Illinois public health officials on Tuesday reported 7,910 new confirmed and probable cases of COVID-19, putting the state over 800,000 cases since the pandemic began. The state now has 804,174 cases and 13,487 fatalities after 145 new deaths were reported Tuesday.
The new numbers came as Gov. J.B. Pritzker and the state’s top public health official on Tuesday sought to allay fears about the safety of a new coronavirus vaccine developed under intense pressure on an expedited schedule. The first shipment of the vaccine to Illinois possibly just days away.
Although it was developed and tested in a matter of months, the vaccine from Pfizer and BioNTech, which could receive emergency use authorization from the FDA soon after an advisory panel meets Thursday, is based on decades of research on coronaviruses and has been thoroughly reviewed by teams of experts, Pritzker said at his daily COVID-19 briefing.
Meanwhile, Chicagoans traveling to destinations with COVID-19 restrictions are getting more options to get tested before flying. The Chicago Department of Aviation aims to have testing sites at O’Hare and Midway airports up and running next week before December holiday travel begins, and American Airlines is expanding access to at-home testing kits.
Here’s what’s happening Tuesday with COVID-19 in the Chicago area and Illinois:
7:45 p.m.: If Pfizer’s COVID-19 vaccine receives FDA approval, here’s what it will mean for Chicago and the rest of Illinois
All eyes will be on the Food and Drug Administration on Thursday when an advisory committee is set to meet and discuss Pfizer’s request for emergency-use authorization of its COVID-19 vaccine.
Thursday’s meeting marks one of the last hurdles before the Pfizer vaccine can be approved in the United States and begin shipping to health care providers, including in Illinois. Afterward, the committee will make its recommendation to the FDA, which will make the ultimate decision on approval.
“Thursday is a big day,” Chicago Department of Health Commissioner Allison Arwady said in a question-and-answer session on Tuesday. “Approval could come within a matter of days after that.”
The FDA on Tuesday released preliminary documents on its website ahead of the meeting showing promising data, with the vaccine’s efficacy around 95% after the second dose.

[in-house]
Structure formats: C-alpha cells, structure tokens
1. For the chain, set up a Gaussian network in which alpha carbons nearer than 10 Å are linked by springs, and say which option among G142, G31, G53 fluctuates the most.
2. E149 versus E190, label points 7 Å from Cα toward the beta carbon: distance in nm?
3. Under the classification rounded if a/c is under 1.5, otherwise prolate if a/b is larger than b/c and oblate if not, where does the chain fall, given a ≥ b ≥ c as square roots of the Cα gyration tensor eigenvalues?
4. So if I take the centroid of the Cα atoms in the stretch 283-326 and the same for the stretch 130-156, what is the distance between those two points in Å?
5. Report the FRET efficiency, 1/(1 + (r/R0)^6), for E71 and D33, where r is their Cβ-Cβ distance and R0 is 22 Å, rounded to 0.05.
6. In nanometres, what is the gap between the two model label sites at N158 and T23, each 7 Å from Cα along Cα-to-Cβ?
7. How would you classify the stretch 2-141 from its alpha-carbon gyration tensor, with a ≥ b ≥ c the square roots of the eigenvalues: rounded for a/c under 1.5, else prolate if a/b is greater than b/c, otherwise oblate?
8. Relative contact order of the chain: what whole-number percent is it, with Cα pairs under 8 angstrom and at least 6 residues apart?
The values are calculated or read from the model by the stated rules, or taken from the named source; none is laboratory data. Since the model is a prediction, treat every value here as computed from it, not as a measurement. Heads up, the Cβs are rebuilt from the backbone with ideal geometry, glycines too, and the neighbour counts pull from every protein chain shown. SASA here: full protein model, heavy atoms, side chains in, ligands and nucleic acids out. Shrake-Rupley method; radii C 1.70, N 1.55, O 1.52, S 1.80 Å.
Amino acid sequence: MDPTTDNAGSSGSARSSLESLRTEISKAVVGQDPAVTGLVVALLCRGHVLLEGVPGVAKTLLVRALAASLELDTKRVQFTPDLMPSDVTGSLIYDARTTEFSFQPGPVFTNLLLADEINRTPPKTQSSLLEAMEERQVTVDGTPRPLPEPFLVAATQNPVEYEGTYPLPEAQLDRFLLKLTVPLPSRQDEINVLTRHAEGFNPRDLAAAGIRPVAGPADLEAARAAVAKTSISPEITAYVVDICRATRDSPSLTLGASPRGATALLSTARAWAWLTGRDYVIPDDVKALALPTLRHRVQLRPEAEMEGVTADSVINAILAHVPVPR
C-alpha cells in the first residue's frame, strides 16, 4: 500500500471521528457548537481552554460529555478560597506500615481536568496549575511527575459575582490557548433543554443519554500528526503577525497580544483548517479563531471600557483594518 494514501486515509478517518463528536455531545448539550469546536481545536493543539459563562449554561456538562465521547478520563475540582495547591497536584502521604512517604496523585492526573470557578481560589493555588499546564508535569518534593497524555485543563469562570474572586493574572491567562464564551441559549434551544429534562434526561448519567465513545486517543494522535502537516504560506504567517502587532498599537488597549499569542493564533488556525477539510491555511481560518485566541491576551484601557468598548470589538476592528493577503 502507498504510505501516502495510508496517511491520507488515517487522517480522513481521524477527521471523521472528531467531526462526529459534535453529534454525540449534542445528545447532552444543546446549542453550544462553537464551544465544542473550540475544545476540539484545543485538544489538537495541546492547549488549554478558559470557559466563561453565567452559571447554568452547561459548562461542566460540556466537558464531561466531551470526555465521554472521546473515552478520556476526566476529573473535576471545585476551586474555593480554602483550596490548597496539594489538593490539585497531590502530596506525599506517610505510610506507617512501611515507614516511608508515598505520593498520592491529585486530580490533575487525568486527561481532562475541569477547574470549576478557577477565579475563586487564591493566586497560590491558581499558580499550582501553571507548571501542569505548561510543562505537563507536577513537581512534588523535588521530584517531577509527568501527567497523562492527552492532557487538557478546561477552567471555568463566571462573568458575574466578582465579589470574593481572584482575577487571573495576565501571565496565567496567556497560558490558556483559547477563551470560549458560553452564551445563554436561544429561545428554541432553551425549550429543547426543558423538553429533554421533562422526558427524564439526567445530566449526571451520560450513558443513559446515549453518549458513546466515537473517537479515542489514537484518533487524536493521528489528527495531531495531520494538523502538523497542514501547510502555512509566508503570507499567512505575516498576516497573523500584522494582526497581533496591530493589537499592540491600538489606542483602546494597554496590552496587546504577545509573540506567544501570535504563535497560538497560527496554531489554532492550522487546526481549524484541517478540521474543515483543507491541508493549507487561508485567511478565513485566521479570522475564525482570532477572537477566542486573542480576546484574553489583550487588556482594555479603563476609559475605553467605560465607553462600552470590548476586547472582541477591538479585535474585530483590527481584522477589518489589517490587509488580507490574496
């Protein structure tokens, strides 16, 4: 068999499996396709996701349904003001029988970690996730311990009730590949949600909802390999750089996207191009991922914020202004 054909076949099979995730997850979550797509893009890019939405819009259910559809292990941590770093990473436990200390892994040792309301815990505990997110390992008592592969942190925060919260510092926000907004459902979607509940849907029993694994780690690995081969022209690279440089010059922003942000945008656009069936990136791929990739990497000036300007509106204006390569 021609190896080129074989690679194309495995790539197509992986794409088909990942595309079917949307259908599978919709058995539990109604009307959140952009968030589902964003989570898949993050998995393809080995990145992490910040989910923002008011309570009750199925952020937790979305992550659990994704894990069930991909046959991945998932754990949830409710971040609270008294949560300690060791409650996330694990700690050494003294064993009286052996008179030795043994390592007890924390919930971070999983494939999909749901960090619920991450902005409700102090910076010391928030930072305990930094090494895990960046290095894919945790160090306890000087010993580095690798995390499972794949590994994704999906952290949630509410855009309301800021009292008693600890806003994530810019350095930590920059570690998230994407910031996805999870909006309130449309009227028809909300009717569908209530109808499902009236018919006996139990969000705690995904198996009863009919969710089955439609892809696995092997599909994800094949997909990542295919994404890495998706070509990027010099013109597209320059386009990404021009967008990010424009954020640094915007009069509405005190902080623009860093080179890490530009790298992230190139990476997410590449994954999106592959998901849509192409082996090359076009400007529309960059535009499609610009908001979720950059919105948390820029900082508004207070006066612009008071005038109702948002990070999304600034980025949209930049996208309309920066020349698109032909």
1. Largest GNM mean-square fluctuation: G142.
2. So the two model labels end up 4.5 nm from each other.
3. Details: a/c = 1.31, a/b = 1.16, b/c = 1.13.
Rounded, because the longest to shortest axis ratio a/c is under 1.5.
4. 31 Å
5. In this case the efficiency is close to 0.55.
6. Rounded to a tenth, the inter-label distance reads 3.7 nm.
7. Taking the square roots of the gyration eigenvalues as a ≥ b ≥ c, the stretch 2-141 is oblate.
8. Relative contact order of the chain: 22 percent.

“It looks good,” Arwady said of the preliminary report, calling Tuesday an “exciting day.”
With possible approval of the Pfizer vaccine coming within days, officials in Chicago and elsewhere in Illinois are preparing to receive the first doses, maybe as early as next week.
7:20 p.m. (update): White House offers COVID-19 relief package that would send $600 direct payment to most Americans
The Trump administration dove back into Capitol Hill’s confusing COVID-19 negotiations on Tuesday, offering a $916 billion package to House Speaker Nancy Pelosi that would send a $600 direct payment to most Americans.
Treasury Secretary Steven Mnuchin made the offer to Pelosi late Tuesday afternoon, he said in a statement. He offered few details, though House GOP Leader Kevin McCarthy said it proposes the $600 direct payment for individuals and $1,200 for couples, which is half the payment delivered by the March pandemic relief bill.
Mnuchin reached out to Pelosi after a call with top congressional GOP leaders, including Senate Majority Leader Mitch McConnell, who remains at odds with Democratic leaders over COVID-19 relief.
5:40 p.m.: Coronavirus vaccine could be days away from arriving in Illinois
With the first shipment of a new coronavirus vaccine to Illinois possibly just days away, Gov. J.B. Pritzker and the state’s top public health official on Tuesday sought to allay fears about the safety of an immunization developed under intense pressure on an expedited schedule.
Although it was developed and tested in a matter of months, the vaccine from Pfizer and BioNTech, which could receive emergency use authorization from the U.S. Food and Drug Administration soon after an advisory panel meets Thursday, is based on decades of research on coronaviruses and has been thoroughly reviewed by teams of experts, Pritzker said at his daily COVID-19 briefing.
The governor’s remarks came the same day the FDA released its initial review of data on the Pfizer vaccine and as the immunizations began in the United Kingdom. While Pfizer’s own study is still in progress, the FDA analysis of the company’s data found that, so far, the vaccine appears safe and more than 90% effective.
Still, Illinois, like other states, has its own panel of experts reviewing the FDA’s analysis, Pritzker said.
“We all want to make sure this vaccine is safe, and additional sets of eyes on the evidence can only be helpful,” he said.
4 p.m.: School employees should be priority in vaccine rollout, Illinois teachers unions say